And it’s the exclamation point that really makes the cover, I think.
I usually don’t like tenor guys albums after a certain age, often their late 40s (Arnett Cobb excepted), but this is Gordon in 1970 (age 47), the point past which most guys don’t particularly change. Sometimes, sure– but overall, rarely.
Though there are technically six songs, for your money there are really only three: tracks two, “Body and Soul,” three, “Valse Robin,” and six, “Blues Walk.”
These tracks, although the whole album’s fine enough in itself, it’s Gordon after all, are very cool in and of themselves –spry though wise, playful yet serious– and are fun regardless of which era of Gordon’s you like.
So DIG, Iceburg Slim:
“Body and Soul” is particularly interesting because Gordon said later in interviews that he was modelling this particular version of “B &S” off of Coltrane’s version:
Now compare and contrast this version with the 17-minute version of Gordon’s youth, which presumably is influenced to at least some degree by Coleman Hawkins’ famous 1939 version–
–it’s a cool barometer of his changes as a player over 31 years (whatever conclusion that may lead to you to).
“Valse Robin,” whatever that means, is a fun harmonic minor-sometimes melody that manages, overall, to resound like a Disney-sinister Evil Carnival melody: a Ray Bradbury-Something Wicked This Way Comes-Damn-Jason-Robards-Actually-Can-Seem-Fucking-Evil-Although-Maybe-Only-To-A-Preadolescent level of haunting-daunting malicious intent… a subtle undertone of murder or bloodlust or both….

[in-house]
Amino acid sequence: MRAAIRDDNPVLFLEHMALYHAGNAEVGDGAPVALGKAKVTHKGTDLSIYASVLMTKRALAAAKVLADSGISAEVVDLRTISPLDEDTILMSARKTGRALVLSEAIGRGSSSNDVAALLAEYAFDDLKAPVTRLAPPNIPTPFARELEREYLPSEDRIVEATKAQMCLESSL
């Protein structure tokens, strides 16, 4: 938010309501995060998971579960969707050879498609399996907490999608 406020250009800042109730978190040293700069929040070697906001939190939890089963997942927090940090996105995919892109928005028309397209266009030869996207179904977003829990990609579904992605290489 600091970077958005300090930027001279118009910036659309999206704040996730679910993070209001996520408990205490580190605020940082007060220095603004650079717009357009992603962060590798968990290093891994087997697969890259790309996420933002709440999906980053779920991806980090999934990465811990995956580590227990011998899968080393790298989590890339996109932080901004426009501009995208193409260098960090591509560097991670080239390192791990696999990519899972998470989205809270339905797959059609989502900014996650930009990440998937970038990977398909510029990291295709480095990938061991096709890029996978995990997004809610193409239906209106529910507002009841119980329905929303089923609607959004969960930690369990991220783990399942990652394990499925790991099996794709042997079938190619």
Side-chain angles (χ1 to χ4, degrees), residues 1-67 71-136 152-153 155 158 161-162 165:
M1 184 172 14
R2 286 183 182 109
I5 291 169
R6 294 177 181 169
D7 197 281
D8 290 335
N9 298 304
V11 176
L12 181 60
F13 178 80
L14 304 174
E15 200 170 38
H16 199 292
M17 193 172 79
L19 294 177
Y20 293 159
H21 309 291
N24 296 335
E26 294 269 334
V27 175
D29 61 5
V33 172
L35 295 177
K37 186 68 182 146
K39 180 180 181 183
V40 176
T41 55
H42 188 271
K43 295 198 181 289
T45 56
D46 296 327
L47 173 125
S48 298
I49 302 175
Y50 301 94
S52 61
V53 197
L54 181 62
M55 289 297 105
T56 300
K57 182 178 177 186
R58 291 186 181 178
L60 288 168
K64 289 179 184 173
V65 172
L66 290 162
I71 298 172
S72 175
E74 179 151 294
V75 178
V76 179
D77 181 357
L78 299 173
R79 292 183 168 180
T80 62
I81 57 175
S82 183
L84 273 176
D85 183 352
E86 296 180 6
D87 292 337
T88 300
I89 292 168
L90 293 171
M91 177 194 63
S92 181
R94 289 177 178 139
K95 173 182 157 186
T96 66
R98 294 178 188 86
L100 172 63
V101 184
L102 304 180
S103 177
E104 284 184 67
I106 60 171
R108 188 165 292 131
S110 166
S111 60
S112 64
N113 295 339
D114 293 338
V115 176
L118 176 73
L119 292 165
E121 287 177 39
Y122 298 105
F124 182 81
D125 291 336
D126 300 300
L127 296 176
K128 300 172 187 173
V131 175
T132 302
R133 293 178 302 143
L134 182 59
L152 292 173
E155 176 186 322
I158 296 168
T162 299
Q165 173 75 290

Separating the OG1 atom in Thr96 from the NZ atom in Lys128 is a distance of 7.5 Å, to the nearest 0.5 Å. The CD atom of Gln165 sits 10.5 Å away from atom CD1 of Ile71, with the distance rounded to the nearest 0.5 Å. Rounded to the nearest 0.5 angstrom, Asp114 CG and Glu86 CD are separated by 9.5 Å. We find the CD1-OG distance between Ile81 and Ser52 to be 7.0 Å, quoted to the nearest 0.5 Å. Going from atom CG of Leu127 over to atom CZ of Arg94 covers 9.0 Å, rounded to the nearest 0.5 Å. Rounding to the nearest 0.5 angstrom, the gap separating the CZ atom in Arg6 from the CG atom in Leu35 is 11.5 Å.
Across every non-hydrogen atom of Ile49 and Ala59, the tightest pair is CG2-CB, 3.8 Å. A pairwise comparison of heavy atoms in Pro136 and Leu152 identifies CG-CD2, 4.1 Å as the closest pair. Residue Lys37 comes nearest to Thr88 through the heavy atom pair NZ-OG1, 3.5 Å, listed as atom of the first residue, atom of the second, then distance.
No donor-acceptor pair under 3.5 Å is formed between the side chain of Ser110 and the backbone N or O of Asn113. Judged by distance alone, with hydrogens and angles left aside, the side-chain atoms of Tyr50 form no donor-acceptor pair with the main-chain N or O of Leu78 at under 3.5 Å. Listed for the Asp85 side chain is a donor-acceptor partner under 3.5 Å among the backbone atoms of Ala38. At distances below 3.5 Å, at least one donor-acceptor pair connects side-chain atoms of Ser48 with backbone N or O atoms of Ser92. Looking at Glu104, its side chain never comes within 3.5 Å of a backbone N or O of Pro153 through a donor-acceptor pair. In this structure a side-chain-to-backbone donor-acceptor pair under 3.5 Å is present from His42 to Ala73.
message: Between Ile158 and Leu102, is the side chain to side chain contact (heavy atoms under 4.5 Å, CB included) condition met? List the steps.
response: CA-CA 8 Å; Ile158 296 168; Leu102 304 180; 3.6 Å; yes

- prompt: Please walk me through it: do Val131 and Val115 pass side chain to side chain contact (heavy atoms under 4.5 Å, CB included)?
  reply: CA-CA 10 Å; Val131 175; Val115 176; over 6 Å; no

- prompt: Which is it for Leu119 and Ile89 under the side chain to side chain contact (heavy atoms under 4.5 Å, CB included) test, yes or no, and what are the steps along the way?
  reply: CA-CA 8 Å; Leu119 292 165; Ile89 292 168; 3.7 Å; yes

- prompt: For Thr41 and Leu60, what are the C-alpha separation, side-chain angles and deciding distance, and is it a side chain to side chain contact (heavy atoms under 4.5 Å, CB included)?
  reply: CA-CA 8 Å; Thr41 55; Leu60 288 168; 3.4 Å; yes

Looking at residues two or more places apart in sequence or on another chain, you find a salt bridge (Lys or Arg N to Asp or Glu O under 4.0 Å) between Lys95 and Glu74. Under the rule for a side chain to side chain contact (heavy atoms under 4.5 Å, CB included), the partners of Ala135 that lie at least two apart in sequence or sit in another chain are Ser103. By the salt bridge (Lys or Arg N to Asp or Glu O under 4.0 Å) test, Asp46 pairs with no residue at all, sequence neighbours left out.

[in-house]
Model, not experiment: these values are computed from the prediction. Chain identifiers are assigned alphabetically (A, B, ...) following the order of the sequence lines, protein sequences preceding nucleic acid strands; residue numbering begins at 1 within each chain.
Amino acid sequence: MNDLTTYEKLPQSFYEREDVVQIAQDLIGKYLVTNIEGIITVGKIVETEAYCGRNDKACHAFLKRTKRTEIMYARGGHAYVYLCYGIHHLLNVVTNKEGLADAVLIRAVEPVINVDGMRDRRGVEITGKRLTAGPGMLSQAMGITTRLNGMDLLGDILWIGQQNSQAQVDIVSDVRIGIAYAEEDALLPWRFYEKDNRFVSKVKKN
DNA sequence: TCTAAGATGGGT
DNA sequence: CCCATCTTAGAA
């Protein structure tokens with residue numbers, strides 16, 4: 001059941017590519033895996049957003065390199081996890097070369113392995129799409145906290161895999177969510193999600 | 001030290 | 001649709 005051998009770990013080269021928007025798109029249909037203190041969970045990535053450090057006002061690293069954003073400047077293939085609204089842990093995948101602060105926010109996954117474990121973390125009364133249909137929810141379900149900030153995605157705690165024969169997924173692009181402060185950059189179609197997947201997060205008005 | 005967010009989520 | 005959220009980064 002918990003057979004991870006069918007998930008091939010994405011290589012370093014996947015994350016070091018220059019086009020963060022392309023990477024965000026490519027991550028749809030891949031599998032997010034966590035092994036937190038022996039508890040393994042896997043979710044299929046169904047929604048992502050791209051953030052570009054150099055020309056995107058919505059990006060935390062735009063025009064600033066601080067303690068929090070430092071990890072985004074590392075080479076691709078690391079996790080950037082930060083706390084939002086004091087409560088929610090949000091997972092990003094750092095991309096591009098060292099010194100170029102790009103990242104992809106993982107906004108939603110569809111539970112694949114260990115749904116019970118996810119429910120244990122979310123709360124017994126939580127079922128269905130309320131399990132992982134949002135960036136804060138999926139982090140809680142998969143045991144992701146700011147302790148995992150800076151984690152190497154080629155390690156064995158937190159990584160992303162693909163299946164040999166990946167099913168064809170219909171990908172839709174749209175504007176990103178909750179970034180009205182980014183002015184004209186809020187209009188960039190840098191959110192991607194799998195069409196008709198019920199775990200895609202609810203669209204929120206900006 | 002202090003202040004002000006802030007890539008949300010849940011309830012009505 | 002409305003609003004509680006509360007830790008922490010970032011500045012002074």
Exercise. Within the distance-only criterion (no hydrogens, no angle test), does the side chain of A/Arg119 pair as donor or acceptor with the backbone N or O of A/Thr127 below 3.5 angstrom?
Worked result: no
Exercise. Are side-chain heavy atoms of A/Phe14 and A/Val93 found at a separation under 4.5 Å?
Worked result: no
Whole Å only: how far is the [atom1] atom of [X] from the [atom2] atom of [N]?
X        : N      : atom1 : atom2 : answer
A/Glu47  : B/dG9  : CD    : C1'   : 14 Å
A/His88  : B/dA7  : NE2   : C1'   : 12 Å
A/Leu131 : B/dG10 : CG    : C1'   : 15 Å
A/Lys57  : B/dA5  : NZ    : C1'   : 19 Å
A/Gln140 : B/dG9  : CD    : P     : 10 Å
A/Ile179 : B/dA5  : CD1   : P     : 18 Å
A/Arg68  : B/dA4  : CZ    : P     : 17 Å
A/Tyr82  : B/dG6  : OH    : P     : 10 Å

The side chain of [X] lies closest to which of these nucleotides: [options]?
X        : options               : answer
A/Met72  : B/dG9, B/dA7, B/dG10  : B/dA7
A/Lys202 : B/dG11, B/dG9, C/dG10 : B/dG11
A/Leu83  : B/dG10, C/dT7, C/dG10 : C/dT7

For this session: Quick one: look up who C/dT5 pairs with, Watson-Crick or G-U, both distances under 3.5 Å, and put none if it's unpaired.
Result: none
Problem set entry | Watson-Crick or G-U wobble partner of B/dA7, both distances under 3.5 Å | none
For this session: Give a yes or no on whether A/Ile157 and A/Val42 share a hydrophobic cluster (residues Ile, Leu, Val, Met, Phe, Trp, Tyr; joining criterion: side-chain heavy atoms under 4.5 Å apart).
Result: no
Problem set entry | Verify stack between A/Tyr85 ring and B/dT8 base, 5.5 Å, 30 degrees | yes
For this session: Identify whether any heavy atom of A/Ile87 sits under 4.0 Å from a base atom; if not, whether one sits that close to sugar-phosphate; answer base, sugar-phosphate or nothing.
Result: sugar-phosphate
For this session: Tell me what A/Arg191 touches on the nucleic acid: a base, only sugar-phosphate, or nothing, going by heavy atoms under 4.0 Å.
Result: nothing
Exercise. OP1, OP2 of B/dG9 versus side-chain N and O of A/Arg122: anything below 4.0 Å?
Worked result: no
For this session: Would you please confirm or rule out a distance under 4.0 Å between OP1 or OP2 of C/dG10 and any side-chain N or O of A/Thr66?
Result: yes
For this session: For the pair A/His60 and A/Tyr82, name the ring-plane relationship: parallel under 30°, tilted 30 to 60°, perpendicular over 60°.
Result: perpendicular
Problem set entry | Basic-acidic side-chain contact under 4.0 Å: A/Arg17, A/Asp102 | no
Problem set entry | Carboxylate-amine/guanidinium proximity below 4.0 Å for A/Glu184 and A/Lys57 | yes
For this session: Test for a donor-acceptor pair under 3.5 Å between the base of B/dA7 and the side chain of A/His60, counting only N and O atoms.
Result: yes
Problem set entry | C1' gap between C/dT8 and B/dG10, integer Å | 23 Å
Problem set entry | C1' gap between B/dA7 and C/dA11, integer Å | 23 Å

Sorta like, the State Fair you just went to dun got all evil on ya and shit….
And yet, even with this subtle malice, it’s still kinda funny and cool and… alllllright….
IF… ya feel me….
AND, interestingly, it may sound kinda trite at first, but there’s something particularly special about the “Valse Robin” melody (forget what we were actually talking about, didncha?), and it actually worms its way into the “Classic” section of your musical brain the more you listen to it….
As a classic, It Endures, i.e..
“Blues Walk,” finally, is just what it sounds like, but considering the consider innovations he brought to “Body & Soul,” enjoy the similar improvements hoisted on yer’ typical I-IV-V….